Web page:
Why do we eat hot cross buns at Easter?

We take a closer look at why we eat hot cross buns at Easter, as well as the history and traditions surrounding them.

A hot cross bun is a spiced sweet bun made with currants or raisins, marked with a cross on the top, and traditionally eaten on Good Friday.

The eating of hot cross buns marks the end of Lent because they are made with dairy products which are forbidden during this period. Plain buns are traditionally eaten hot or toasted during Lent, beginning on Shrove Tuesday and through to Good Friday.

Different parts of the hot cross bun have a certain meaning. The cross represents the crucifixion of Jesus, and the spices inside signify the spices used to embalm him at his burial.

How are hot cross buns made?

The standard hot cross bun recipe consists of strong bread flour, full fat milk, butter and yeast. Sultanas or raisins are then added to the mixture with eggs, cinnamon and even orange zest.

Crosses are traditionally cut into the surface of the bun, however a simple way to make them is to use a paste of water and flour. The buns are then baked in a hot oven for 20 minutes till golden brown and then brushed with a coat of glaze.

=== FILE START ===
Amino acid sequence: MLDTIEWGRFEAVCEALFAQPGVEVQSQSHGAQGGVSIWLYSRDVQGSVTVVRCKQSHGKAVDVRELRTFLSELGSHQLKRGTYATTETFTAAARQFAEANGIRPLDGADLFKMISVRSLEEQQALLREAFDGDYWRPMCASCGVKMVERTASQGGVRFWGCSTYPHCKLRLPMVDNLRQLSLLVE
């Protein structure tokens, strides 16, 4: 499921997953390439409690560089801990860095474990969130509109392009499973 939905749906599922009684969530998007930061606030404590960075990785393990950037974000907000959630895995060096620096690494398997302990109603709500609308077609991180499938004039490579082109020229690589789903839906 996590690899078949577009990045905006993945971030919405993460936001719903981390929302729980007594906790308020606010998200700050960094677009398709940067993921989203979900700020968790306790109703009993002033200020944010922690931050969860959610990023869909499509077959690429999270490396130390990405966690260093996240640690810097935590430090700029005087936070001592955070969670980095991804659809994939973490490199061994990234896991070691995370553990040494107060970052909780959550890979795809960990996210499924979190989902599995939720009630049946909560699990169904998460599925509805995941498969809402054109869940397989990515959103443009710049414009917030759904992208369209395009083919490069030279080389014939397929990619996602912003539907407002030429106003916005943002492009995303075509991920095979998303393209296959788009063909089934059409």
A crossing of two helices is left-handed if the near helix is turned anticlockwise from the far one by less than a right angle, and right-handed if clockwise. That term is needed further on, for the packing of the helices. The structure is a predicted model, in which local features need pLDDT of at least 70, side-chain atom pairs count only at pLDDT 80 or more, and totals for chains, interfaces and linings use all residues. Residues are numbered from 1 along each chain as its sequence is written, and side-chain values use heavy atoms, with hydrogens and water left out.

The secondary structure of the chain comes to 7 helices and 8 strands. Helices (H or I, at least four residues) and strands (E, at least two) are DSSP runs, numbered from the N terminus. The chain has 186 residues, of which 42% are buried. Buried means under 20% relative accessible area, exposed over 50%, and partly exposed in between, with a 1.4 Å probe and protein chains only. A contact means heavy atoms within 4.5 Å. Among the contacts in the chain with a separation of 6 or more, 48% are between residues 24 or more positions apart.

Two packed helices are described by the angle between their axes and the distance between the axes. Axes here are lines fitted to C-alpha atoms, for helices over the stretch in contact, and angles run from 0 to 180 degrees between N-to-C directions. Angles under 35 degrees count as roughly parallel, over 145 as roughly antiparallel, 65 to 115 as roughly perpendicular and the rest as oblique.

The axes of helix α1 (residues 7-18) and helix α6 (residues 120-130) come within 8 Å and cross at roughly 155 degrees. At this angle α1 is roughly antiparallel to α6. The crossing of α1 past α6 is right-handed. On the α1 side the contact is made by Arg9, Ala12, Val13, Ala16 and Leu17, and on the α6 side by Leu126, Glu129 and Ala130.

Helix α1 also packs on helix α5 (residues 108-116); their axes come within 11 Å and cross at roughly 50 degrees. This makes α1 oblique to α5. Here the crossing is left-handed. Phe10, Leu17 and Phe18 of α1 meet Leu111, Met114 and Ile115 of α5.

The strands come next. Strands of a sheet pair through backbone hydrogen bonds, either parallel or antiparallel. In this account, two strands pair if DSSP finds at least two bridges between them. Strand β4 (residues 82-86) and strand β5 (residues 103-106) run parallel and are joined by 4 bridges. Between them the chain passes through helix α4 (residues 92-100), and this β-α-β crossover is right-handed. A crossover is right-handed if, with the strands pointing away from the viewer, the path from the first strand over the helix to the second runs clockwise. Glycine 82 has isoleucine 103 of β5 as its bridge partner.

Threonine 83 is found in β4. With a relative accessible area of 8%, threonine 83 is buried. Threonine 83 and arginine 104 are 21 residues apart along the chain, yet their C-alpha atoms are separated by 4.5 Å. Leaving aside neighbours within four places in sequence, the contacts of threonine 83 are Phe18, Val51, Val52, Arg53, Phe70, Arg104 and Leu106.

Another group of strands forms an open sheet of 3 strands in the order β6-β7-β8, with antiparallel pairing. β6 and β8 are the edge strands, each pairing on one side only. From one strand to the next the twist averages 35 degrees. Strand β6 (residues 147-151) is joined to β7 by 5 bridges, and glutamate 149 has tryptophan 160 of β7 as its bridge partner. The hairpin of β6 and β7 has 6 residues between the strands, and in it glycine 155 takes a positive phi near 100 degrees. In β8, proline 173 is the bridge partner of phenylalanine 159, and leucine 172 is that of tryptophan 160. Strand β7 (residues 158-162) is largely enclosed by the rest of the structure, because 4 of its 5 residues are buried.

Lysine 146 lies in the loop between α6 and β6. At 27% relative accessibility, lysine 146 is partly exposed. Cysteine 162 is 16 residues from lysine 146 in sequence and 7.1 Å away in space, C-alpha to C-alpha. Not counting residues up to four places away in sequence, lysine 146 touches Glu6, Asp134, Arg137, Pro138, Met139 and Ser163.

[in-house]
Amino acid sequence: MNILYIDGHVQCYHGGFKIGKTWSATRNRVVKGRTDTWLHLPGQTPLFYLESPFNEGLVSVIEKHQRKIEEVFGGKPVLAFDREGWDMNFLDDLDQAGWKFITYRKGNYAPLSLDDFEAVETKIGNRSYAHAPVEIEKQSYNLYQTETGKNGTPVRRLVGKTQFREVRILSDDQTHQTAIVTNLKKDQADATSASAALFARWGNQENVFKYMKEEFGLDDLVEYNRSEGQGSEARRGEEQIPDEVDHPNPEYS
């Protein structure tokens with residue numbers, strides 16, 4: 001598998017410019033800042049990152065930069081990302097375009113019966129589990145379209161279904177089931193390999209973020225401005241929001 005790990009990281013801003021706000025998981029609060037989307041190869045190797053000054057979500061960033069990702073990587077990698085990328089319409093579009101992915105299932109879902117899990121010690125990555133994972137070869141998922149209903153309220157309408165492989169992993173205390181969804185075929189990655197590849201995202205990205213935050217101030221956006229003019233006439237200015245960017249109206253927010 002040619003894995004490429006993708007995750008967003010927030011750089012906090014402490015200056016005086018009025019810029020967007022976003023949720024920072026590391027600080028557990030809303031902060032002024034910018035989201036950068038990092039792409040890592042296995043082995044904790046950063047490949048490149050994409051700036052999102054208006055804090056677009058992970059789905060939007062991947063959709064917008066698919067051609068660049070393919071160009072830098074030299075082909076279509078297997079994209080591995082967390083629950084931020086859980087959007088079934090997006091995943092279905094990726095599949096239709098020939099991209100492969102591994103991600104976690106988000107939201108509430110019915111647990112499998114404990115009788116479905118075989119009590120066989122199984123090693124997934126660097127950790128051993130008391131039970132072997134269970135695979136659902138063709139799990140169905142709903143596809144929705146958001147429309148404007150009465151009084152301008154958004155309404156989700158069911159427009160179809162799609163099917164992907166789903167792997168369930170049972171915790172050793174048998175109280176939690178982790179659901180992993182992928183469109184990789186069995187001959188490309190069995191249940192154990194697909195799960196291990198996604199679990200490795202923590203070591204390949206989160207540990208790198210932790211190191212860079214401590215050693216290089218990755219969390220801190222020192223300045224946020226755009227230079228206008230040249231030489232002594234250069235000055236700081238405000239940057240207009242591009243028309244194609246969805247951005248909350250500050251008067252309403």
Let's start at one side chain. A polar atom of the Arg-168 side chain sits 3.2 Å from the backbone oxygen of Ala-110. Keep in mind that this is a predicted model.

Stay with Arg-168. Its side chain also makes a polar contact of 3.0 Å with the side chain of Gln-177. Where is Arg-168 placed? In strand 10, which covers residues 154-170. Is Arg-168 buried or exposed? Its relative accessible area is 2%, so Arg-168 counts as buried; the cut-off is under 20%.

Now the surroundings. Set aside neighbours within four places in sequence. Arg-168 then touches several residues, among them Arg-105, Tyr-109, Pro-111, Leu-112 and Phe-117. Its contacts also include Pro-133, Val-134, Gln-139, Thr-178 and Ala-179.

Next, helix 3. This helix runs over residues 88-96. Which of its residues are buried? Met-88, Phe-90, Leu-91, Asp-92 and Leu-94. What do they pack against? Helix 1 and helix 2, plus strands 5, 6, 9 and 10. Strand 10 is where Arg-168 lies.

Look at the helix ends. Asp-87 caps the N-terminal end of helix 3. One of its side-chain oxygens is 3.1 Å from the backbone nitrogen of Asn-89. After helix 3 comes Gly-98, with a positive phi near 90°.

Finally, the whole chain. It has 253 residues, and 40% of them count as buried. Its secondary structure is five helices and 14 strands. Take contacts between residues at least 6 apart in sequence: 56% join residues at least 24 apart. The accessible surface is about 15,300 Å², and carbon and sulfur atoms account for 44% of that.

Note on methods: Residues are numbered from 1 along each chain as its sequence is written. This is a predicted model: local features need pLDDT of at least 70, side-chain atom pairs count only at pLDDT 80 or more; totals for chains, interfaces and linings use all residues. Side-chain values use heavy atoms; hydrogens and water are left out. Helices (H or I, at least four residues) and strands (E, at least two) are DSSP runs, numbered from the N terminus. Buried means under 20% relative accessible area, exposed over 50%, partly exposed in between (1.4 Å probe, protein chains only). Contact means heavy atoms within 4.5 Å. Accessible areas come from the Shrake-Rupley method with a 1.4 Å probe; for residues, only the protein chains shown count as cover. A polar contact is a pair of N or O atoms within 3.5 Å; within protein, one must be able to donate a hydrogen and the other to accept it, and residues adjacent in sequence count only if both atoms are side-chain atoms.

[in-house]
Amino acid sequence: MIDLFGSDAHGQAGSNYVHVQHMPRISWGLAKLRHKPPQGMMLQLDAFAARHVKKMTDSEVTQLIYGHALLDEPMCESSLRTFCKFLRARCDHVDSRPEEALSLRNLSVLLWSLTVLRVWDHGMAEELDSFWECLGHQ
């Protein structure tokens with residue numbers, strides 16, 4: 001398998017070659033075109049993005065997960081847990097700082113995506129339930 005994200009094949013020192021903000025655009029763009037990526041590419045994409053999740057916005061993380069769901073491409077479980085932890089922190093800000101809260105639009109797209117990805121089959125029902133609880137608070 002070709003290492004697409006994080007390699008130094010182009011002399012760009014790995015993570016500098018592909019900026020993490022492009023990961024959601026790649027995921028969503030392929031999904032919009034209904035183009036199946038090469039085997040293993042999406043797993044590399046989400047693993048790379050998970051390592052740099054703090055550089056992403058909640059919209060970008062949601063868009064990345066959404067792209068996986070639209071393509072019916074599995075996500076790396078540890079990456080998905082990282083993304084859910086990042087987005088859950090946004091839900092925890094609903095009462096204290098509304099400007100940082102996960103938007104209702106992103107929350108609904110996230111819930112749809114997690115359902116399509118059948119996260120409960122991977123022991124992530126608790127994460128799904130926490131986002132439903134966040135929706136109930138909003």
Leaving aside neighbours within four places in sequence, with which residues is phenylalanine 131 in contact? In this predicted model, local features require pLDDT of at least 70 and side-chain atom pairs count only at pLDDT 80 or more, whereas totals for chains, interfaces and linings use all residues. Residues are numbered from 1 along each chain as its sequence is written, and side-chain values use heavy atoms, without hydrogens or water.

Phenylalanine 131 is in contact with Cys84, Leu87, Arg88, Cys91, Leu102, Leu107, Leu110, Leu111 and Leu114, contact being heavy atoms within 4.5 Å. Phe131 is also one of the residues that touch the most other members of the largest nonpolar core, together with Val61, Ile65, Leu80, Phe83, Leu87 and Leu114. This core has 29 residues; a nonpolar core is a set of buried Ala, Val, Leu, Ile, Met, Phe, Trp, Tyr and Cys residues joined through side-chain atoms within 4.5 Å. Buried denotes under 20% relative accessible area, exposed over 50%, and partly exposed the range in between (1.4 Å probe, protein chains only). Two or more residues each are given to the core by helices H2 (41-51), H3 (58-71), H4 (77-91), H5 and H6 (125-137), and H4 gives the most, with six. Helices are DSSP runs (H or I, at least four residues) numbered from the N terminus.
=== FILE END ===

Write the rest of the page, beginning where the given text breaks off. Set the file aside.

They can then be served hot or cold, buttered or dry on Good Friday and throughout Easter.

What is the history of the hot cross bun?

Some believe the hot cross bun originates from St Albans, where Brother Thomas Rocliffe, a 14th Century monk at St Albans Abbey, developed a similar recipe called an 'Alban Bun' and distributed the bun to the local poor on Good Friday, starting in 1361.

In 1592, during the reign of Elizabeth I, it was forbidden to sell hot cross buns and other spiced breads, except at burials, on Good Friday, or at Christmas.

If you broke the decree then you had to give all of your buns to the poor. As a result, hot cross buns were primarily made in home kitchens. Further attempts to suppress the sale of these items took place during the reign of James I of England/James VI of Scotland (1603-1625).

The first definite record of hot cross buns comes from a London street cry: "Good Friday comes this month, the old woman runs. With one or two a penny hot cross buns", which appeared in Poor Robin's Almanack for 1733.

What are the traditions around hot cross buns?

English folklore includes many superstitions surrounding hot cross buns. One of them says that buns baked and served on Good Friday will not spoil or grow mouldy during the subsequent year. If hung in the kitchen, they are said to protect against fires and ensure that all breads turn out perfectly. The hanging bun is replaced each year.

Another tradition encourages keeping a bun for medicinal purposes. A piece of it given to someone who is ill is said to help them recover. If taken on a sea voyage, hot cross buns are said to protect against shipwreck.

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